Four Recent HR & Employment Law Developments

As those working in human resources and my fellow employment lawyers can attest, the last few years have given us constant change.  New employment laws, new labor regulations, federal agencies aggressively enforcing both, and significant cases being issued almost daily make it tough for even the most seasoned “HR Genius” to keep on top of all of the developments.  I try to lighten the load through this Blog, but like you, only have so many hours in the day.

So,  this week I am going to lean on my management-side employment law colleagues at Michael Best & Friedrich.  Below are just a sampling of the recent articles and “client alerts” they have authored recently:

1.  Wisconsin just enacted its “Right-To-Work” Law.  What does this mean for employers in Wisconsin? Click here.

2.  The Department of Labor just issued its Final Rule revising and expanding the definition of “spouse” to include those from same sex marriages.  For more details, click here.

3.  Utah just enacted a new law prohibiting discrimination against employees on the basis of their sexual orientation and “gender identity.”  If you have operations there, then you should  click here.

4.  Do you know what constitutes a valid employment claim “release,” and when you can lawfully “require” employees to sign them?  For this information and more, click here.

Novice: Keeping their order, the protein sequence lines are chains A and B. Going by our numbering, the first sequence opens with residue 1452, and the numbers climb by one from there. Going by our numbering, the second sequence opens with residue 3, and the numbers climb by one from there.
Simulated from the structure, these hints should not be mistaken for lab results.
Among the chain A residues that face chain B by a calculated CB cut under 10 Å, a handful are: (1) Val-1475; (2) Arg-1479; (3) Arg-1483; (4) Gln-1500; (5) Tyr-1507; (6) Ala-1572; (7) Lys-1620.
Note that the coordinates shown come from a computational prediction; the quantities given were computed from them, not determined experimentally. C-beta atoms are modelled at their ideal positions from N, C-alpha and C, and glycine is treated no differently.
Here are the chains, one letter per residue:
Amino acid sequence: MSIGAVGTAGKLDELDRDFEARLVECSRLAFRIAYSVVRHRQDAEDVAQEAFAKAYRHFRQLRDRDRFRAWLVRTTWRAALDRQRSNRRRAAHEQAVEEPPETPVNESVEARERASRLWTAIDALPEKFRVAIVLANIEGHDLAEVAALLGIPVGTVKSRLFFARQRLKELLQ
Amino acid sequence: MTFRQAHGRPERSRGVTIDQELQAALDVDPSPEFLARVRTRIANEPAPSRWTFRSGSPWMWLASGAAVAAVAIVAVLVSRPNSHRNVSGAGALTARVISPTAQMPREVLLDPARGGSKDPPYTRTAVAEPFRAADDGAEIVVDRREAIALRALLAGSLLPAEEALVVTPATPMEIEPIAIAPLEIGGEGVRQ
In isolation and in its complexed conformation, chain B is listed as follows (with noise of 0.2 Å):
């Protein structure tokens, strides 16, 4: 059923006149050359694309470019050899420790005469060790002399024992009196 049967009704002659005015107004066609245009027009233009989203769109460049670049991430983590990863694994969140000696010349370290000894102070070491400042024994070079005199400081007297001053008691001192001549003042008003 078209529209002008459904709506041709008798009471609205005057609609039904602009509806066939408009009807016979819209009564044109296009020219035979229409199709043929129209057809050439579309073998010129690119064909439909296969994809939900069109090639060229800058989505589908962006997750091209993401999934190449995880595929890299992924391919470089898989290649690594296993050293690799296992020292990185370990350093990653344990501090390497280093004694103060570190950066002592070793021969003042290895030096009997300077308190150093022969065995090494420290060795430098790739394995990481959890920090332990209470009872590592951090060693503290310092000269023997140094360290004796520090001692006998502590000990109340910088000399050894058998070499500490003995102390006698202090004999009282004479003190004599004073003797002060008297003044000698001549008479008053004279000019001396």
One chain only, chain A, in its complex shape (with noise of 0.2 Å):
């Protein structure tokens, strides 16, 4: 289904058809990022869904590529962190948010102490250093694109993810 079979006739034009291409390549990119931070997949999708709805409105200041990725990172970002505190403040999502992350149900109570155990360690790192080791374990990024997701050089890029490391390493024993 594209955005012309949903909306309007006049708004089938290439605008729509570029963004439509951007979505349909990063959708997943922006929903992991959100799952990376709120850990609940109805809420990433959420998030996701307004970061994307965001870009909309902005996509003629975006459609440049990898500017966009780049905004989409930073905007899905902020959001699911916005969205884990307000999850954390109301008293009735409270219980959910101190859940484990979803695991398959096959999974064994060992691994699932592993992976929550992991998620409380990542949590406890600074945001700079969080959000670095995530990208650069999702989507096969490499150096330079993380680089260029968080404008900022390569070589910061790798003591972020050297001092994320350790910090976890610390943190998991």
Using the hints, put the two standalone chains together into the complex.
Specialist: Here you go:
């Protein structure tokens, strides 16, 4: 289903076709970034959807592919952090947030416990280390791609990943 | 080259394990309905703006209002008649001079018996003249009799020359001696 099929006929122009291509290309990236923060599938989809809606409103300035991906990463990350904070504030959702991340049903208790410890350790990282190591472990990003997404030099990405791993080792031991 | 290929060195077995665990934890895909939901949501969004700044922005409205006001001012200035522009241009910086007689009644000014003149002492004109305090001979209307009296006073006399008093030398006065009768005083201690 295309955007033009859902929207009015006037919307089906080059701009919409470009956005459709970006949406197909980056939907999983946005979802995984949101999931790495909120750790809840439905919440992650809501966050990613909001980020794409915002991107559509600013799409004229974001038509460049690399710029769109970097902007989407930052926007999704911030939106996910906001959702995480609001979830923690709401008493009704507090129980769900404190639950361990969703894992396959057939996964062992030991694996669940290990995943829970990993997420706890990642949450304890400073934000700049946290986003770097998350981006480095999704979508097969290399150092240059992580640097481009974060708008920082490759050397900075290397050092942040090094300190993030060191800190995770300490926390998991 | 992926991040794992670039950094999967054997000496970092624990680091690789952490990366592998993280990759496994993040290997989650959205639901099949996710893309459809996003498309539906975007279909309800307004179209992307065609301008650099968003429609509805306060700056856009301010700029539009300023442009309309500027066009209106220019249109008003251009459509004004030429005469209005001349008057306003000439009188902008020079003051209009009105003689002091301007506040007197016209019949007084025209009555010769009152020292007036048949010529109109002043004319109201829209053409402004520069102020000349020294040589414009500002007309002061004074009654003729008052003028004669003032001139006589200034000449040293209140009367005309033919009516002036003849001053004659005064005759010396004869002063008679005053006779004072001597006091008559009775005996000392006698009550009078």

Hopefully you will find these helpful in your quest to becoming (or remaining) an “HR Genius.”

Mitchell W. Quick, Attorney/Partner
Michael Best & Friedrich LLP
Suite 3300
100 E. Wisconsin Avenue
Milwaukee, Wisconsin 53202
414.225.2755 (direct)
414.277.0656 (fax)
mwquick@michaelbest.com
http://www.linkedin.com/in/mitchquick
Twitter: @HRGeniusBar
@wagelaws

 

 

 

3 Basic Rules For Employee Handbooks

Many employers have “Employee Handbooks” or “Employee Manuals” containing various employment policies. I think they are a necessity for most workplaces. Often, however, I see the same mistakes made by employers that utilize handbooks.  Although there are numerous tips regarding how to draft and utilize a handbook effectively, here are 3 basic rules to consider and apply: